GREGORIAN song: definition and characteristics
As in many other things, the human being has taken something as natural as the voice and has turned it into an art. Over time he has been in charge of exploring the discipline of singing and taking it to all its imaginable variables, with different purposes and colors.
It is very interesting and important to know the origin of things, since it is in this way we can understand the why the way of being and functioning of the systems or concepts that we use every day, sometimes without notice us. When we think of ancient and historical song, a solemn “heavenly” song comes to us, in this article by a PROFESSOR, we will learn about the definition and characteristics ofl Gregorian singing.
If you hear mention of Gregorian chant and you think of a heavenly chant, with a lot of echo and rays of light coming through the stained glass windows of a church, you are quite close to getting the main idea right.
Gregorian chant is traditionally a simple, monodic song (that is, several people sing the same melody, in unison or with an octave difference)
Like the Gregorian chant is in principle a sentence, the text (many times taken from the Bible) is extremely important and the interpreters had to use their voice with humility to give it greater relevance. That is why this form of singing is solemn and did not claim any kind of prominence from those who performed it. More than the art of creation, the Gregorian chant it was an art of praise.
As we mentioned, Gregorian chant has a liturgical character. It was born as a form of prayer in Jewish synagogues and Christian communities. We are talking about a really old form of music, so much so that we do not have the necessary documents to know its exact date of origin. What we do know is that Christianity became the official state religion in 313, so at least we have a reference date where we can infer that it was used to accompany the mass.
Despite its early beginning, it was not until the 9th century that Gregorian chant began to be associated with the name by which we know it today, thanks to the Pope. Gregory the Great, who was in charge of compiling these songs that already existed. Gregorian chant it was used during massSome changed according to the feast celebrated or the liturgical season, others were repeated at all masses. The song accompanied each of the stages of the mass, during the entrance, the reading, the offerings, the communion, etc.
The changes in Gregorian chant were subtle and gradual. His time of maximum splendor was from the years 600-800. In the year 850 the first system of musical notation called "Pneuma" which was made up of a series of written signs to indicate to the singers the rhythm and the precise expression. Then, in the year 1050, what we know today as musical notes (do, re, mi, fa, sol, la, si) and also begins to experiment with polyphony (several melodic lines with voices instead of singing in unison).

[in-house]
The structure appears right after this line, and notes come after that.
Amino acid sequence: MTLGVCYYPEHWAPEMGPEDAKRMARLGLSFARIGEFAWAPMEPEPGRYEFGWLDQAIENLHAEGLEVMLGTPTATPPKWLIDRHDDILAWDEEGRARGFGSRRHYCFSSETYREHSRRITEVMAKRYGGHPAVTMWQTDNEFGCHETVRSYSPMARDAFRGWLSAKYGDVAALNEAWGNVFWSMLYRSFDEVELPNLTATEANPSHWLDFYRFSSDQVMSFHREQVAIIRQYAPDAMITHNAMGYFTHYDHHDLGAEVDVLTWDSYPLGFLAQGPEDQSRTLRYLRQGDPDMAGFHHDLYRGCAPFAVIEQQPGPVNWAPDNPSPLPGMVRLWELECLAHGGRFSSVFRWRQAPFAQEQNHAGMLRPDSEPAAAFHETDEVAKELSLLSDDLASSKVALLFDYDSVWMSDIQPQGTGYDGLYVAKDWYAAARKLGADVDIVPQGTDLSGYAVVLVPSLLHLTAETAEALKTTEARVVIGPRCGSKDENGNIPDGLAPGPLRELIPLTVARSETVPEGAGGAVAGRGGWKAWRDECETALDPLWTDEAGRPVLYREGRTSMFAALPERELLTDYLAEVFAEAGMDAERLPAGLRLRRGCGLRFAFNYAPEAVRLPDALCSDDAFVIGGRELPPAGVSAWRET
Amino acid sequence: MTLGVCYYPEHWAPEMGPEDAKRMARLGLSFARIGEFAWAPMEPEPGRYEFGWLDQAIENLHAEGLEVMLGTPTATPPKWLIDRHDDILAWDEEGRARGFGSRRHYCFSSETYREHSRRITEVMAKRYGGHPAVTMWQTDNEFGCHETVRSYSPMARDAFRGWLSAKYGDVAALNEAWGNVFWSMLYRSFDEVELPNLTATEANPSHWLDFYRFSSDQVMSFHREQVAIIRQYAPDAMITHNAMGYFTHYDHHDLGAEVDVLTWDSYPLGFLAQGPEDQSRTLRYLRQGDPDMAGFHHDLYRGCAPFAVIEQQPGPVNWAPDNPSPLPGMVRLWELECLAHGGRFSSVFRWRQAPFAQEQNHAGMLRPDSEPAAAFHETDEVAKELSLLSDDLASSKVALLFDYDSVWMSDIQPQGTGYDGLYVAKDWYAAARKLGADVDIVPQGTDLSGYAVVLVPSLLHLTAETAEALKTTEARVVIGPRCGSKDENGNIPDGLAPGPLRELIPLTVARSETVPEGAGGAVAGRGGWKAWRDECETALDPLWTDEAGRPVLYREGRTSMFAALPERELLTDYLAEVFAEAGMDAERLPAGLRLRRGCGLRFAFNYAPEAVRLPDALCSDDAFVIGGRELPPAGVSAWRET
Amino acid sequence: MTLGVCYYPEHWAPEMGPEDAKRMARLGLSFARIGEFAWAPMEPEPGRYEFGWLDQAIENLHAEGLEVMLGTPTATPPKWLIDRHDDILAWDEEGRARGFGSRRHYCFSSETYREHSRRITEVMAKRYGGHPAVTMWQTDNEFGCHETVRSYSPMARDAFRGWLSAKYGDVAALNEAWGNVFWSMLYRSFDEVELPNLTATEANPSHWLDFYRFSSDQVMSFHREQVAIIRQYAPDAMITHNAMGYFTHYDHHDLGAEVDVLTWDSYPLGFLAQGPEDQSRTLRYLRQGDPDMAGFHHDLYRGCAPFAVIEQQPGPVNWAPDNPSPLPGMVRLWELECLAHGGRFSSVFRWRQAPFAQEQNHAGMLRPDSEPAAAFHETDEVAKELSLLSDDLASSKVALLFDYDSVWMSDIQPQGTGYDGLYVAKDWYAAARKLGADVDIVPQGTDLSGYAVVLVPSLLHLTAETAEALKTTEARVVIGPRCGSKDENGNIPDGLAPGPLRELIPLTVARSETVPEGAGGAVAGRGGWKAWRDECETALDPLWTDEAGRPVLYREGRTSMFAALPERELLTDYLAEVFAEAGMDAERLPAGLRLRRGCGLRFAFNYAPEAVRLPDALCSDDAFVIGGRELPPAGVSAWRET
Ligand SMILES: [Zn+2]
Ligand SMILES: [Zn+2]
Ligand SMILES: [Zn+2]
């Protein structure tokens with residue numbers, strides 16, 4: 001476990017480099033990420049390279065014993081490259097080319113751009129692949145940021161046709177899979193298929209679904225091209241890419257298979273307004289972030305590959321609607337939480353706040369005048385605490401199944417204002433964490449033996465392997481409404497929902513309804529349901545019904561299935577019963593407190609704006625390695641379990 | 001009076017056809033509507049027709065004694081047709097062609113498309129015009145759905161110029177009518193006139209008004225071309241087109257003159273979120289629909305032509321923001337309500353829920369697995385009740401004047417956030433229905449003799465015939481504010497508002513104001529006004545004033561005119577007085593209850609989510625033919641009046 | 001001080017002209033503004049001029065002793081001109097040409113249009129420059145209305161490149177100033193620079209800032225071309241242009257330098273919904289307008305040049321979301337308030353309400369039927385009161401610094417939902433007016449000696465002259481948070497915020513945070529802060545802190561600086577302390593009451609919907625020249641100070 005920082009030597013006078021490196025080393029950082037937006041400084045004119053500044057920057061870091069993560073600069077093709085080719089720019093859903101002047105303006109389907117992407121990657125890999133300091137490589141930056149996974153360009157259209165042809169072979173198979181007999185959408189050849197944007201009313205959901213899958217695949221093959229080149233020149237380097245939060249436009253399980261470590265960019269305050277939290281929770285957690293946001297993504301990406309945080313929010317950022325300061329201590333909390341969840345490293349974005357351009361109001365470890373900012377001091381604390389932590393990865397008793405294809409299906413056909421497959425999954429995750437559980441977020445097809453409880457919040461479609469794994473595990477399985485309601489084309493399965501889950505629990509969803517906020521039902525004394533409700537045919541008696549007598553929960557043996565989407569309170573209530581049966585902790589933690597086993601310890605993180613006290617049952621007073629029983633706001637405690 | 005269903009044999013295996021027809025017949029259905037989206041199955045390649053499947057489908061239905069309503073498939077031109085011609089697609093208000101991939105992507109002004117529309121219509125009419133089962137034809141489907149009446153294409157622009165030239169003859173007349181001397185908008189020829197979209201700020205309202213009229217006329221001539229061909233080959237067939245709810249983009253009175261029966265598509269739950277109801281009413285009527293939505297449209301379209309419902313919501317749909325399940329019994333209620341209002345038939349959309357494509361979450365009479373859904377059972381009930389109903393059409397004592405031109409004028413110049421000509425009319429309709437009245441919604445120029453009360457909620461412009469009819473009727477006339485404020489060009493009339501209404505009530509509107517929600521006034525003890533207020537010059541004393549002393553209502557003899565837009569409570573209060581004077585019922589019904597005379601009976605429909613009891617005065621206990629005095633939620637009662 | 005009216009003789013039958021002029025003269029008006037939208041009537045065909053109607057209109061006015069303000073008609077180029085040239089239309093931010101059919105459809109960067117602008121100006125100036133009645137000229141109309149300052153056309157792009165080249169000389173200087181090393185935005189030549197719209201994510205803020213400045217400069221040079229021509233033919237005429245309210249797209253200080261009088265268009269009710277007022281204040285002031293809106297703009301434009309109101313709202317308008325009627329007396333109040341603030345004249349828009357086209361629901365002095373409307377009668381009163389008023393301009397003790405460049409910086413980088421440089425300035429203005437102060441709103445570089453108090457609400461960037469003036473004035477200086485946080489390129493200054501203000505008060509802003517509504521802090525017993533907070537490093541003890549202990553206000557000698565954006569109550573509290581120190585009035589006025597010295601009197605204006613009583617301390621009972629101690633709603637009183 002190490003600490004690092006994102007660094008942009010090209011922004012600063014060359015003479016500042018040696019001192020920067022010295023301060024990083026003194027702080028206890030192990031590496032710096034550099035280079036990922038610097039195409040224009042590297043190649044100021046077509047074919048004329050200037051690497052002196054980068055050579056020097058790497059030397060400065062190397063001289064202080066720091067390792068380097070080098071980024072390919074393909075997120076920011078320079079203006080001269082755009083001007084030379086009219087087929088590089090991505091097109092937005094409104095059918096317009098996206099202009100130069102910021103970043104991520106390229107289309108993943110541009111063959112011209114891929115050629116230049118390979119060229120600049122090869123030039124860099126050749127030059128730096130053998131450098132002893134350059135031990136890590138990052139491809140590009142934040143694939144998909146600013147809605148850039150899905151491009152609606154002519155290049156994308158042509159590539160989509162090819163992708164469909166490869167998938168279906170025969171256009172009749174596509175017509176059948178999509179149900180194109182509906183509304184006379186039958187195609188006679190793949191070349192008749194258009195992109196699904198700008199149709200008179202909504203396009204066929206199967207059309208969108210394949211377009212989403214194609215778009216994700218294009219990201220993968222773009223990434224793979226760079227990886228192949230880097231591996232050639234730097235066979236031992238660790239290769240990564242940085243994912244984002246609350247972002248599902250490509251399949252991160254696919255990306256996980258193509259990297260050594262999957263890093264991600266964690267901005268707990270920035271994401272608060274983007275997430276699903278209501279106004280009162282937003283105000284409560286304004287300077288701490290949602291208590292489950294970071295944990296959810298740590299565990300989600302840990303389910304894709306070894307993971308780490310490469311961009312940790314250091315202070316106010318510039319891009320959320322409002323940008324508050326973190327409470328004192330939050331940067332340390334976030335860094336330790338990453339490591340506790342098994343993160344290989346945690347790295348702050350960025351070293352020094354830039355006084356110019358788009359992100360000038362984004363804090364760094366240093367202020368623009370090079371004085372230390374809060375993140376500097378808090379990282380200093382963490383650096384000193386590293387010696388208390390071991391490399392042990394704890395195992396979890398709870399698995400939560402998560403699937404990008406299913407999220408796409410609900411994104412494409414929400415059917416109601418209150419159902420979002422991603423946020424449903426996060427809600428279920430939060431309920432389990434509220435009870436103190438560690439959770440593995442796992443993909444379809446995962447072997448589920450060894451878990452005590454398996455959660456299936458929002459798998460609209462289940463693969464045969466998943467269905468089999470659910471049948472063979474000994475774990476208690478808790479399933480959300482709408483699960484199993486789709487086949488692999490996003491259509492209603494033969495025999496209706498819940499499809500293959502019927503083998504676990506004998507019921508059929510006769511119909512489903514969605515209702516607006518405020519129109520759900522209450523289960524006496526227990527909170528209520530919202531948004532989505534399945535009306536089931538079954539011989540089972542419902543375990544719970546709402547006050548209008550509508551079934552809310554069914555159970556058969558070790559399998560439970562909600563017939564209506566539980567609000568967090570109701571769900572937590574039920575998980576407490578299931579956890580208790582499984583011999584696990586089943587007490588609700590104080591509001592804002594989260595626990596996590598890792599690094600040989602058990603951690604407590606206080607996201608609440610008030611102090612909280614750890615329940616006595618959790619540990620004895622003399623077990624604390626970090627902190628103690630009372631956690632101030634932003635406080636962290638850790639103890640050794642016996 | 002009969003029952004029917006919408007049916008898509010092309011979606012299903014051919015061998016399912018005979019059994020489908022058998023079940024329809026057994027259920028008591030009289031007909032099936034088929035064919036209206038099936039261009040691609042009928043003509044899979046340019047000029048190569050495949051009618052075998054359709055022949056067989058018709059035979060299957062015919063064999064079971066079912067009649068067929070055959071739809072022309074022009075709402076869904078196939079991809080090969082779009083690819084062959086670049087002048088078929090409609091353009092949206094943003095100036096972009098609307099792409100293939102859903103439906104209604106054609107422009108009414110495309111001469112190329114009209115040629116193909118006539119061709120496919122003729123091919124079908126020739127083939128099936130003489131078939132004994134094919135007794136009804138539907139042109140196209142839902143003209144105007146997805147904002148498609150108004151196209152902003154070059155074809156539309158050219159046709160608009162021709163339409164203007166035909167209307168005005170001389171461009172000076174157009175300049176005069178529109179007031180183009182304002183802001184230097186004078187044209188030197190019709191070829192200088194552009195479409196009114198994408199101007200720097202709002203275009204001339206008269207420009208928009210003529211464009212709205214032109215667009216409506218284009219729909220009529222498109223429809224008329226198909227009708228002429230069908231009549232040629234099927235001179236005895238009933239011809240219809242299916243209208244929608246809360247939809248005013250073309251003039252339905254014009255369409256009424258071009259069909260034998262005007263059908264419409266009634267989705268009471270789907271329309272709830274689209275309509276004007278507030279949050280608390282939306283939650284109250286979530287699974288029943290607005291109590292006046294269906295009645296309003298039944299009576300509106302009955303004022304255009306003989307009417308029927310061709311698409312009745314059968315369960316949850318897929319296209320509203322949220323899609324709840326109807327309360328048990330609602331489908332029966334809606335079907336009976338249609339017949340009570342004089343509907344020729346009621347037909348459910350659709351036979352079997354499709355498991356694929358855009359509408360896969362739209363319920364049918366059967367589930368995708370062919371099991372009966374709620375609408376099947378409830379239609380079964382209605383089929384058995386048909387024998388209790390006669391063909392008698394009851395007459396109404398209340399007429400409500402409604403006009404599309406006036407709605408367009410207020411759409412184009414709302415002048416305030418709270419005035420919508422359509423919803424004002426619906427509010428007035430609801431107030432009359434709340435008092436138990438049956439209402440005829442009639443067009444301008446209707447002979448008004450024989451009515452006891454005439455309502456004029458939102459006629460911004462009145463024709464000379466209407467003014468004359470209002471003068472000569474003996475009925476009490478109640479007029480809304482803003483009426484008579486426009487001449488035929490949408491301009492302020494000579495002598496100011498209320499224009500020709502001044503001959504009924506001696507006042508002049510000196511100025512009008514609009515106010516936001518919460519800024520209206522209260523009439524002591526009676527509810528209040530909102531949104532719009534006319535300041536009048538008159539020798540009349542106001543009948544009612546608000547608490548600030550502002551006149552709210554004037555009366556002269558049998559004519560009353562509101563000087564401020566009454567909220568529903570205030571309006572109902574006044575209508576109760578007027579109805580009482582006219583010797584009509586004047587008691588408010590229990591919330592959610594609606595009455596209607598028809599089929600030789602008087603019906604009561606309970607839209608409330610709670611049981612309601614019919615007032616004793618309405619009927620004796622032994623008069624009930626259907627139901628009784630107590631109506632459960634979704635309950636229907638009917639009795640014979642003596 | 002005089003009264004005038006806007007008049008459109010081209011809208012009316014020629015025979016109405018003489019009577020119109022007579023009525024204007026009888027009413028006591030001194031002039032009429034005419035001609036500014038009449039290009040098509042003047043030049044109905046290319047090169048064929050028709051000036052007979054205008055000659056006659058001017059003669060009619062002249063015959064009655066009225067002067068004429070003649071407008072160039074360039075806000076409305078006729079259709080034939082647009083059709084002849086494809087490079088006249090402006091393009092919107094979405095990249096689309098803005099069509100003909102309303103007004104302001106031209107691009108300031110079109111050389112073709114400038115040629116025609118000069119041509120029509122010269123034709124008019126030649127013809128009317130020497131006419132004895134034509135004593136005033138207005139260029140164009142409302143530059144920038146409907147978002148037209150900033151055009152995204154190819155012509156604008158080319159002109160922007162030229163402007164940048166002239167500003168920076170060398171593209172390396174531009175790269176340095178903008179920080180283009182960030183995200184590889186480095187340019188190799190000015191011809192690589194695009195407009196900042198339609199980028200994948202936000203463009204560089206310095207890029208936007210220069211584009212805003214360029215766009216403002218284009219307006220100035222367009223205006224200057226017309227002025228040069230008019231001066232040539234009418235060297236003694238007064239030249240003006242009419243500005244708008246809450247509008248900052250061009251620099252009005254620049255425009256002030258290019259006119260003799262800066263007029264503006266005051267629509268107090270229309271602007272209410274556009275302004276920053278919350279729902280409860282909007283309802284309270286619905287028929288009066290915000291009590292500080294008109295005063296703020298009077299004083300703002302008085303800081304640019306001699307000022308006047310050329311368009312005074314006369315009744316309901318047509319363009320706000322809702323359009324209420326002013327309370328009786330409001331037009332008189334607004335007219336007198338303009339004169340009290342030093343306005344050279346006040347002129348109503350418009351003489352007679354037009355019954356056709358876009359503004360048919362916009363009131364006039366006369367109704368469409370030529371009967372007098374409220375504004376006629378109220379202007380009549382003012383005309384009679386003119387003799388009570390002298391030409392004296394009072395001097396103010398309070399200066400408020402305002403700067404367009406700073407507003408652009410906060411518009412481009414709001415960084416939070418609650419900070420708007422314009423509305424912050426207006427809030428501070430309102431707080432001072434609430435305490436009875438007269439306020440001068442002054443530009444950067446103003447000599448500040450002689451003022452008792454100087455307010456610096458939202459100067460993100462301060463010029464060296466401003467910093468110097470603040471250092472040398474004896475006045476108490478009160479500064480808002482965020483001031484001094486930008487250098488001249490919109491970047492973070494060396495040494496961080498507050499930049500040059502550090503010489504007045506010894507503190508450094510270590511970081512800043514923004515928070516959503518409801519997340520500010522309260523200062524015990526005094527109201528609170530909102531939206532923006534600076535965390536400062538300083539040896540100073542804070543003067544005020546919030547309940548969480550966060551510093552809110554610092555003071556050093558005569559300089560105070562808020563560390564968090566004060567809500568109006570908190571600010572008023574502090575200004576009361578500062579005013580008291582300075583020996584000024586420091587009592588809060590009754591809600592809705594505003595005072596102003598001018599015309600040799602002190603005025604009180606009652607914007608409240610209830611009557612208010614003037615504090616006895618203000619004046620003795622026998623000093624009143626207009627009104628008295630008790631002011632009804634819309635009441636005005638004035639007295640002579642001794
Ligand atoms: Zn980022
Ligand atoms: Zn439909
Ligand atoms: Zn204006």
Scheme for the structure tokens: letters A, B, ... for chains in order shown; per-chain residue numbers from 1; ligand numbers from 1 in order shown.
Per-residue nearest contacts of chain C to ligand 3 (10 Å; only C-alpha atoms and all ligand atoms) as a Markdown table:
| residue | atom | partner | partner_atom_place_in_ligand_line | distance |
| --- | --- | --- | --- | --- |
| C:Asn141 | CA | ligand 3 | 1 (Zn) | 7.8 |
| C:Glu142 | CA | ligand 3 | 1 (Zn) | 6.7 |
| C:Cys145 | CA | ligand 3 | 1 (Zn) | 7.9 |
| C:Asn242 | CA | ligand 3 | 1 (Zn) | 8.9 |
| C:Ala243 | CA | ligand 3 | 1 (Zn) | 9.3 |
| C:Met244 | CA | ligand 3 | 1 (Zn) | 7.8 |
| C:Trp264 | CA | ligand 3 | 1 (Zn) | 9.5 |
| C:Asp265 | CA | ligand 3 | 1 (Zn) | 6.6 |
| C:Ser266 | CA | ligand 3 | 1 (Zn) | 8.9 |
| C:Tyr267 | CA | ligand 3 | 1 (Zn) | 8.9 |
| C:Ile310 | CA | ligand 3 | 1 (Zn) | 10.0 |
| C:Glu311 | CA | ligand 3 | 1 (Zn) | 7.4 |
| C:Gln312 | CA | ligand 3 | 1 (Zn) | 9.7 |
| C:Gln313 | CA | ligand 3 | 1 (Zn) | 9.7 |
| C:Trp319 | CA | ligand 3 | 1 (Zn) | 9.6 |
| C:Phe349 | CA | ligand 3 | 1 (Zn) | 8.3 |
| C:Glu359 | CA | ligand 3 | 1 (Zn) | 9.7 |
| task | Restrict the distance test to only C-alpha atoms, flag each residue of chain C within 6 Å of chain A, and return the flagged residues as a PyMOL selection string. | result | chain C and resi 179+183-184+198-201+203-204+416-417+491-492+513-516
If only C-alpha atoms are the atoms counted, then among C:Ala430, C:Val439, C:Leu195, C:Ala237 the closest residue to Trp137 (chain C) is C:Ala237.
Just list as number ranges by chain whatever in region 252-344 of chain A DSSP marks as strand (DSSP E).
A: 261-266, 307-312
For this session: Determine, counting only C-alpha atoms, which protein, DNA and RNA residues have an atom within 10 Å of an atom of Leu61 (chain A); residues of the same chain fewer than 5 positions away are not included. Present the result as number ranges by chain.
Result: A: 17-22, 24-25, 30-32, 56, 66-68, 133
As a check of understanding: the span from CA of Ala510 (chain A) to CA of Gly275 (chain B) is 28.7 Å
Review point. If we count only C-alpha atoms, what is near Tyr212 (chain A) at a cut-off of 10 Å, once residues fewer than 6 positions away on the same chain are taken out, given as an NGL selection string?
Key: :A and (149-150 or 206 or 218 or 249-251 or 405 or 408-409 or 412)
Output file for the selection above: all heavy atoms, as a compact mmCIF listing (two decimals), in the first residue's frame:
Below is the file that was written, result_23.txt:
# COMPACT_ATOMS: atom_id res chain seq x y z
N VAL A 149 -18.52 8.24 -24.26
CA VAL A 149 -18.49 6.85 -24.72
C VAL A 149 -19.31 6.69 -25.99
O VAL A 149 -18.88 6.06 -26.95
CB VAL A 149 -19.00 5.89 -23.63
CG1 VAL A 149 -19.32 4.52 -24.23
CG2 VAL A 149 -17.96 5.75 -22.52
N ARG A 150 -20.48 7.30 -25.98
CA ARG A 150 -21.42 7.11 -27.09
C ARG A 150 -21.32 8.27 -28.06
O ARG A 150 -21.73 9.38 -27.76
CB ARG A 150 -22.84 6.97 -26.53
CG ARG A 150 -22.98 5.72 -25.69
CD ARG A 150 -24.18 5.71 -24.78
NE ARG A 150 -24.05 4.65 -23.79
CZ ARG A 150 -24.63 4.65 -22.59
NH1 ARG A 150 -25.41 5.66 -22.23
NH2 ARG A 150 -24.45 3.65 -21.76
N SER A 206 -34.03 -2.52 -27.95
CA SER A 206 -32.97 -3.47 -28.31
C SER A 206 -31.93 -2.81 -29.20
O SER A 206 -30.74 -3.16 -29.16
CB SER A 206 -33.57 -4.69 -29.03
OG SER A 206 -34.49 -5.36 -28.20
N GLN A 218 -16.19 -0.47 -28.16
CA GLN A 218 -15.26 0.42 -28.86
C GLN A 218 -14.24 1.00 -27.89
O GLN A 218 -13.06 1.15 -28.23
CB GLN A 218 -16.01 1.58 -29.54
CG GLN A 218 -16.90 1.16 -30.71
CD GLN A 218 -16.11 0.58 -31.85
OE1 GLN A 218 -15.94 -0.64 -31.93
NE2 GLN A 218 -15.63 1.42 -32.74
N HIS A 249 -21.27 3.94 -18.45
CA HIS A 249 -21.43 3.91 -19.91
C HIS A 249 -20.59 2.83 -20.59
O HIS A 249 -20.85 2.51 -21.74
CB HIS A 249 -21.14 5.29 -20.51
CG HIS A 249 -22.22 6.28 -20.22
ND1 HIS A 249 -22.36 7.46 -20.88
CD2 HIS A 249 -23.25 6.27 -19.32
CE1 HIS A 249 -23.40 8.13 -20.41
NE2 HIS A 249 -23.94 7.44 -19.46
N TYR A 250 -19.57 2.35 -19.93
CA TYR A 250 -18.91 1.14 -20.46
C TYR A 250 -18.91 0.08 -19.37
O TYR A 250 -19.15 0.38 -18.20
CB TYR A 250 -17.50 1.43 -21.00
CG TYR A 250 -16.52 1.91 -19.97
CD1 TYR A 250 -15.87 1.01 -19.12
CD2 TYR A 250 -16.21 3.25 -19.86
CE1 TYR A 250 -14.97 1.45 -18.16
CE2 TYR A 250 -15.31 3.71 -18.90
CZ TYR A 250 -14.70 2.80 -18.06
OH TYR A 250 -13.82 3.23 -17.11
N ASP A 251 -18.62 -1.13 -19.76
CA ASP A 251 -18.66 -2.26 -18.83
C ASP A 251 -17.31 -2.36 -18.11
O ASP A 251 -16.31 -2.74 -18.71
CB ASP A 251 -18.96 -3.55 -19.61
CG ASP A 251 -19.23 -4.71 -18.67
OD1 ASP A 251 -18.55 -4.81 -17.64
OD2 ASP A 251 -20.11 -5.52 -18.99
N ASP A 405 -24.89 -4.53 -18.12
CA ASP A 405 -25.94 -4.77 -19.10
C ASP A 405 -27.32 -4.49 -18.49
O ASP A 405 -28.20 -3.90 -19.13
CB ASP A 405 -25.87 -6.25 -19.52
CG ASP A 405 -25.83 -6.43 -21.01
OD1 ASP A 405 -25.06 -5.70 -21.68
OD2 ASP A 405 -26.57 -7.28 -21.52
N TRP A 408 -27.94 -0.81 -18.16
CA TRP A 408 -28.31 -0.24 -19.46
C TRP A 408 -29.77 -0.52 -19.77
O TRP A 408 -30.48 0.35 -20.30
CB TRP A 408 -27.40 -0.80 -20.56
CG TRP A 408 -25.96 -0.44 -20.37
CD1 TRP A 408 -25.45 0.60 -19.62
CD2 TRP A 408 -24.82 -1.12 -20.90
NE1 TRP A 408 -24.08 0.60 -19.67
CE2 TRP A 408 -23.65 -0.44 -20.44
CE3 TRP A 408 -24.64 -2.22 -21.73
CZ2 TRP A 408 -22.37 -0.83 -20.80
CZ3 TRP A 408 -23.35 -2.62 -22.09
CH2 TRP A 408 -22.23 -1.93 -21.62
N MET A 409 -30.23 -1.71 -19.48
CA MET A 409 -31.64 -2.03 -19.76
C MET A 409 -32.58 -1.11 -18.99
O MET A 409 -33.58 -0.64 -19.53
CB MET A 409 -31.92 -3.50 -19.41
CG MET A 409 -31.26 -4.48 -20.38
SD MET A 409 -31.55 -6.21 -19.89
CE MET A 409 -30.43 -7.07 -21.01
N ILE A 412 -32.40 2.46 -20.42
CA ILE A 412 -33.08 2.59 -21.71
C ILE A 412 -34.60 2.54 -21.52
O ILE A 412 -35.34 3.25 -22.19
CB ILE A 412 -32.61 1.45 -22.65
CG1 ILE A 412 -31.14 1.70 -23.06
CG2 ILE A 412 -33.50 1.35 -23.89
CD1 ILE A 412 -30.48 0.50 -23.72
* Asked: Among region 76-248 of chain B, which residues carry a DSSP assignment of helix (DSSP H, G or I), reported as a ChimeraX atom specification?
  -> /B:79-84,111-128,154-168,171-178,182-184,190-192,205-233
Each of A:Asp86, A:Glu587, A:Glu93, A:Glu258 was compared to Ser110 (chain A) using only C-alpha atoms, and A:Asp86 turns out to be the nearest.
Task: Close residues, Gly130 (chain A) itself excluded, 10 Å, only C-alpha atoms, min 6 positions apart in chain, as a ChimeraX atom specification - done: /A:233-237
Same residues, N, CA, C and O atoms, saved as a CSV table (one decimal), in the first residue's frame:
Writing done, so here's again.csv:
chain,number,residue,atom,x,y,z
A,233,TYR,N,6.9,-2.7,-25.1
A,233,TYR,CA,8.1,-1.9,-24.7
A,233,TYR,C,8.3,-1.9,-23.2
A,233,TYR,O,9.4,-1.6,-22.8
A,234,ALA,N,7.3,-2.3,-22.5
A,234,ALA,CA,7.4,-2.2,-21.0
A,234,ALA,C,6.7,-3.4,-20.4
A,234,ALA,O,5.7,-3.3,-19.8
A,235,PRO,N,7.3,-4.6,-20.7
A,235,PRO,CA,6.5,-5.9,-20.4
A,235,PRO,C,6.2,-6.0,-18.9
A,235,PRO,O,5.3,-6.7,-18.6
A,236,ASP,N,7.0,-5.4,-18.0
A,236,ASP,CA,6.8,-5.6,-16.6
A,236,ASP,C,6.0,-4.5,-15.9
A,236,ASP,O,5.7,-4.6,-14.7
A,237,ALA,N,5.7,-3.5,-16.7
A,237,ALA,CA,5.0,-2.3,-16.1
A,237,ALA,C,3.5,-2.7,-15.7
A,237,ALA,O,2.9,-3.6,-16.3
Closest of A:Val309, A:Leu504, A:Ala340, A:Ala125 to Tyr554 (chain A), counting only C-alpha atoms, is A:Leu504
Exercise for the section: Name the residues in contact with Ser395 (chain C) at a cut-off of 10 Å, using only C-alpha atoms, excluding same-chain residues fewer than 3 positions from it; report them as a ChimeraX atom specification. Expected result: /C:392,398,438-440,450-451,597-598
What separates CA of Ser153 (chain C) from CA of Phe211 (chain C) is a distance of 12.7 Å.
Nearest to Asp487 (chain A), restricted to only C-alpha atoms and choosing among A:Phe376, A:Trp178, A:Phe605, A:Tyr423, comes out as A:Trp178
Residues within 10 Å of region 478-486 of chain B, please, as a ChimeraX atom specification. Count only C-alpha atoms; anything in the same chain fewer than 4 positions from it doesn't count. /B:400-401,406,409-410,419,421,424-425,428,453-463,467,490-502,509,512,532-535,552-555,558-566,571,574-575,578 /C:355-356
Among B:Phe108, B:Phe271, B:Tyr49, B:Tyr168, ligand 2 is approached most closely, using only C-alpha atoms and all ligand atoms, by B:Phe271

To finish this lesson, we will talk about the main characteristics of Gregorian chant so that we can better understand the essential elements of this type of chant. They are as follows:
- Song based on the religious text, in Latin.
- Use of the tetragram: Although we currently use the staff, at that time only 4 lines were used instead of 5.
- Monodic: a melodic line, I sing in unison.
- The melodic line moves by joint intervals, that is, close notes (second, third, fourth and fifth).
- Use of melismas. (When the note is changed staying on the syllable in the text).
- Each song is based on a certain musical scale.
- A cappella(does not have accompaniment with instruments)
- The works lack an author, they are anonymous.
Gregorian chant has played a crucial role in the evolution of music because it has inherited determining factors such as writing, musical notes, their intervals and different major and minor scales, which are fundamental elements in the music theory that we know today in day.
The implementation of this western system of music has been changing by few but its essential principles come from the Gregorian chant, it is thanks to this sharing, to the need to leave in writing so that several people can interpret a single work the one that gives its greatness to the music. In other words, we can say that all the musical language that we currently know, we owe it to the Gregorian chant.